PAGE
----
In the span of a few thousand years human beings have achieved some remarkable feats, innovating and crafting a rich web of traditions and beliefs that we pass from one generation to the next. The young learn from the old, and not only master traditional techniques but reshape them, creating a dynamic culture in which creativity and inventiveness yield increasingly complex solutions. But beyond intelligence and opposable thumbs, how did humans develop culture in such myriad, complex ways, when other brainy, dexterous species did not? Tests comparing young children, chimpanzees and monkeys suggest that collaboration, rather than competition, may be the key to human culture.
Some behavioral scientists suggest that although cultural traditions exist in many species, only humans possess a culture that accumulates. Put simply, if culture is evidenced when an innovator's idea, behavior or tool spreads across a population and persists over generations, then many animals possess culture. Dolphins, for example, appear to pass from mother to offspring clever foraging uses for conches and sponges. But in cumulative culture, individuals transform and improve on a cultural idea, increasing its complexity and sophistication. Psychologist Robert Kurzban of the University of Pennsylvania has compared an example of consistently simple tool use in chimps, such as stick tools to fish for termites, with the evolving advancements in human technology, such as the transition from an abacus to a calculator.
"In cumulative culture, you end up with something that's way more complex than anything anybody could have devised for themselves," says Kevin Laland, a biologist at the University of Saint Andrews in Scotland.
Last week Laland and his colleagues at Saint Andrews, The University of Texas M. D. Anderson Cancer Center, the University of Strasbourg in France and Durham University in England published a study that they believe reveals why humans alone possess a capacity for cumulative culture. Using a learning test, they examined the performance of children three to four years old and compared it with that of chimpanzees and capuchin monkeys. Given that all three species have evidenced some degree of culture, the researchers hoped to glimpse the evolutionary variation in different parts of the primate family tree.
Each species was studied in small, mixed age and gender groups and presented with a special puzzle box. The box had three increasingly difficult levels. When done in order, each level could be solved in part by using a trick learned at the previous level and adding on a solution. For example, the first level involved sliding a panel, whereas the second involved sliding a panel and pushing a button. The model therefore tested for cumulative learning, a foundation for cumulative culture.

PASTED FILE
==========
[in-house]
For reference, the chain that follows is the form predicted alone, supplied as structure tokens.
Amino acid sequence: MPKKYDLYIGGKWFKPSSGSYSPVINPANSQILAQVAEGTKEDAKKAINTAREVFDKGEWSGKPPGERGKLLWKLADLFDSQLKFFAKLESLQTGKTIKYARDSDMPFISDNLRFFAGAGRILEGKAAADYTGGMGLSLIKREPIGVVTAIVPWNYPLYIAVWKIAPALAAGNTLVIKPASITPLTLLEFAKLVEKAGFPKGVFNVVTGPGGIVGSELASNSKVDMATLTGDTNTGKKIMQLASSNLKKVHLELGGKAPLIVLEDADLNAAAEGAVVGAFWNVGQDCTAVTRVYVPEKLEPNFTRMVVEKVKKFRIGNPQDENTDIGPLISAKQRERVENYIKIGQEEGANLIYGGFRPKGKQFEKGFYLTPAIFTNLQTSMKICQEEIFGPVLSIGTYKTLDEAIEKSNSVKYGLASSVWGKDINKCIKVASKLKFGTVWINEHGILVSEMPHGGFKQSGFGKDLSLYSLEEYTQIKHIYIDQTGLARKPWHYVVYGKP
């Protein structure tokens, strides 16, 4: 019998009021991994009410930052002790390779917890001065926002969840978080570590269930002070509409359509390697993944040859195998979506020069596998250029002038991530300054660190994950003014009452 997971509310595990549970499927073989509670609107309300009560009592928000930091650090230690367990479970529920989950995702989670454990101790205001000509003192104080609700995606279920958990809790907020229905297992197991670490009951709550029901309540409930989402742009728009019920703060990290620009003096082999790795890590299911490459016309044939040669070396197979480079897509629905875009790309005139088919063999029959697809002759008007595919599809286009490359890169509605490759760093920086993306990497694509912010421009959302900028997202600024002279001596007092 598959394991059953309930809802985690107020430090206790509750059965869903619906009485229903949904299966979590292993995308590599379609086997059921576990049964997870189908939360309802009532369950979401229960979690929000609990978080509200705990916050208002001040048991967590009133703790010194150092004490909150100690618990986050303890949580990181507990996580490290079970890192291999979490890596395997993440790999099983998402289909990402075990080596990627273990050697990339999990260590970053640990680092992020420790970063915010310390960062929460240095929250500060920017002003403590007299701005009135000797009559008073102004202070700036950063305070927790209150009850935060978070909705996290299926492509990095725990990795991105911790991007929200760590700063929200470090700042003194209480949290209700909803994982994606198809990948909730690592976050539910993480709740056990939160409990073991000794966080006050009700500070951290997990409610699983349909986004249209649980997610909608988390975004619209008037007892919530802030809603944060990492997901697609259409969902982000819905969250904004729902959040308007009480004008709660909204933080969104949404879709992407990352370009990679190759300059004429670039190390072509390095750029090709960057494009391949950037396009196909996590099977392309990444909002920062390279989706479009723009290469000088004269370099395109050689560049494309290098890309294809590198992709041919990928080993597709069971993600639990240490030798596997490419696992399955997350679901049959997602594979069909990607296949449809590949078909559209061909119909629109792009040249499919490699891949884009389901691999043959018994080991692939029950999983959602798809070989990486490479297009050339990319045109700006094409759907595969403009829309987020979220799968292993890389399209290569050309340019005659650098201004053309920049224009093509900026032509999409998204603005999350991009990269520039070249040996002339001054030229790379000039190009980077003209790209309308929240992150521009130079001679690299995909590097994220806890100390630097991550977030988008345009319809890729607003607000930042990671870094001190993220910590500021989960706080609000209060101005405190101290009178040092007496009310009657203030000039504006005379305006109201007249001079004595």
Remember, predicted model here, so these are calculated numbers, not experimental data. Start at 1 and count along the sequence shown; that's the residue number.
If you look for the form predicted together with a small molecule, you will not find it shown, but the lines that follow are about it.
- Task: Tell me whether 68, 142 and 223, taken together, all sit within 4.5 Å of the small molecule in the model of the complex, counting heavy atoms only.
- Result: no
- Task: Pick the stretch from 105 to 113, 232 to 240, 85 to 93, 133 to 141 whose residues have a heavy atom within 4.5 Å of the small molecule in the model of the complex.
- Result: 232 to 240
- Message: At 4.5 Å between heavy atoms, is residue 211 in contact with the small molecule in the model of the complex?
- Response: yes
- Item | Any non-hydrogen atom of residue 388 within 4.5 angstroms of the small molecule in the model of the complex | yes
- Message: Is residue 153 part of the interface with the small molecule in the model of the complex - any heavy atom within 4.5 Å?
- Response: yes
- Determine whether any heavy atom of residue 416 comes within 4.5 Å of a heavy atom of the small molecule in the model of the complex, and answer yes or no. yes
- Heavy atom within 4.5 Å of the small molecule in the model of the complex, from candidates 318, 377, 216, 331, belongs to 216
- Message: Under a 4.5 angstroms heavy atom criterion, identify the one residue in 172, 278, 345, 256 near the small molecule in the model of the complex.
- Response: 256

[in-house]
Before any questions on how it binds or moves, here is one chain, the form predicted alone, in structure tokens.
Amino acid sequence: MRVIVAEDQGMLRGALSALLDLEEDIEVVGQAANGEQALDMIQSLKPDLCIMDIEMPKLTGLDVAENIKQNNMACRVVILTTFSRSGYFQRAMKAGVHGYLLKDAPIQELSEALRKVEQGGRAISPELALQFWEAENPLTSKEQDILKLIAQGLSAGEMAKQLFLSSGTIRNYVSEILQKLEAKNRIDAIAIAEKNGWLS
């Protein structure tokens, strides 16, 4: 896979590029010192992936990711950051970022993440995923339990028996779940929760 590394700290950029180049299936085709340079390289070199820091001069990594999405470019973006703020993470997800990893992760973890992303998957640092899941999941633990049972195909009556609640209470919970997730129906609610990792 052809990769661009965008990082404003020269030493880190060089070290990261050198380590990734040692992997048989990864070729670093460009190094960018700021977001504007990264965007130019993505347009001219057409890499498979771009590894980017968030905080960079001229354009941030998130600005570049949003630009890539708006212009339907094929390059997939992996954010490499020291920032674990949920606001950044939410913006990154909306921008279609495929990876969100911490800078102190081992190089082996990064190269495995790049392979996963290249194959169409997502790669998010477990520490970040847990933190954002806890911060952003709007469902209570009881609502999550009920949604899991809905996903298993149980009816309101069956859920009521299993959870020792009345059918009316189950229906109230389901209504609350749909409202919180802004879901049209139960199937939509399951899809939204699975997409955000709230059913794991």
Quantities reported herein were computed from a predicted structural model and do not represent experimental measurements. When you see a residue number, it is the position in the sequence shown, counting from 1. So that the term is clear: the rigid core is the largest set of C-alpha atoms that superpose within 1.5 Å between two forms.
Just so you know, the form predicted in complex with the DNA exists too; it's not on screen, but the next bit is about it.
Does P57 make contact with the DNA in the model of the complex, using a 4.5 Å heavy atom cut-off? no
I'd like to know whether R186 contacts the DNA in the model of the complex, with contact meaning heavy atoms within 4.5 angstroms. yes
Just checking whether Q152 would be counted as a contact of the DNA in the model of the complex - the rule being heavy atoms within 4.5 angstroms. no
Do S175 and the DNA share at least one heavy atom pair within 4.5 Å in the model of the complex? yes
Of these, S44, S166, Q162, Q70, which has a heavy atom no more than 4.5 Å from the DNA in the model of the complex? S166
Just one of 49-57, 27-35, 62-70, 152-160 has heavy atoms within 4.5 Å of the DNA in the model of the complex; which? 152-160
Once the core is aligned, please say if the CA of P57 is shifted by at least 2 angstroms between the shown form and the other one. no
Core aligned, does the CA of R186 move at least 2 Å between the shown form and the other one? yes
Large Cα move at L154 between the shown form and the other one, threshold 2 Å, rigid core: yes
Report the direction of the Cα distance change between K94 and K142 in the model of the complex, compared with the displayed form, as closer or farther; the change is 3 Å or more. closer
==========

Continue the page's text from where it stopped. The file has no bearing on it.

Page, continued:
Opening each level of the box led to a reward: fruits and vegetables for the nonhuman primates and stickers for the children. The rewards scaled up in quality and quantity with each level, meaning bigger, more sparkly stickers for the kids and more coveted snacks, like grapes, for the chimps and monkeys.
While the subjects worked on the puzzle box, the scientists observed each group to evaluate various behaviors—such as vocalizing, watching one another, imitation and sharing or stealing rewards. They also attended to the social rank, sex and age of subjects to assess their influence on how subjects learned. Overall, the children outperformed other primates at more difficult puzzle levels. Although all groups performed well at the first level, most chimps and capuchins were stymied by the second and third. In short, only the children demonstrated cumulative learning.
So what did the kids do differently? During the task they actively talked to, instructed and imitated one another. They were cooperative and even shared their rewards. These behaviors, which were not observed in either of the other two species, were therefore strongly correlated to success in solving the puzzle box. The researchers concluded that these so-called pro-social behaviors indicate the importance of social cognition in developing cumulative learning and culture. "There was so much more going on in the children," Laland says.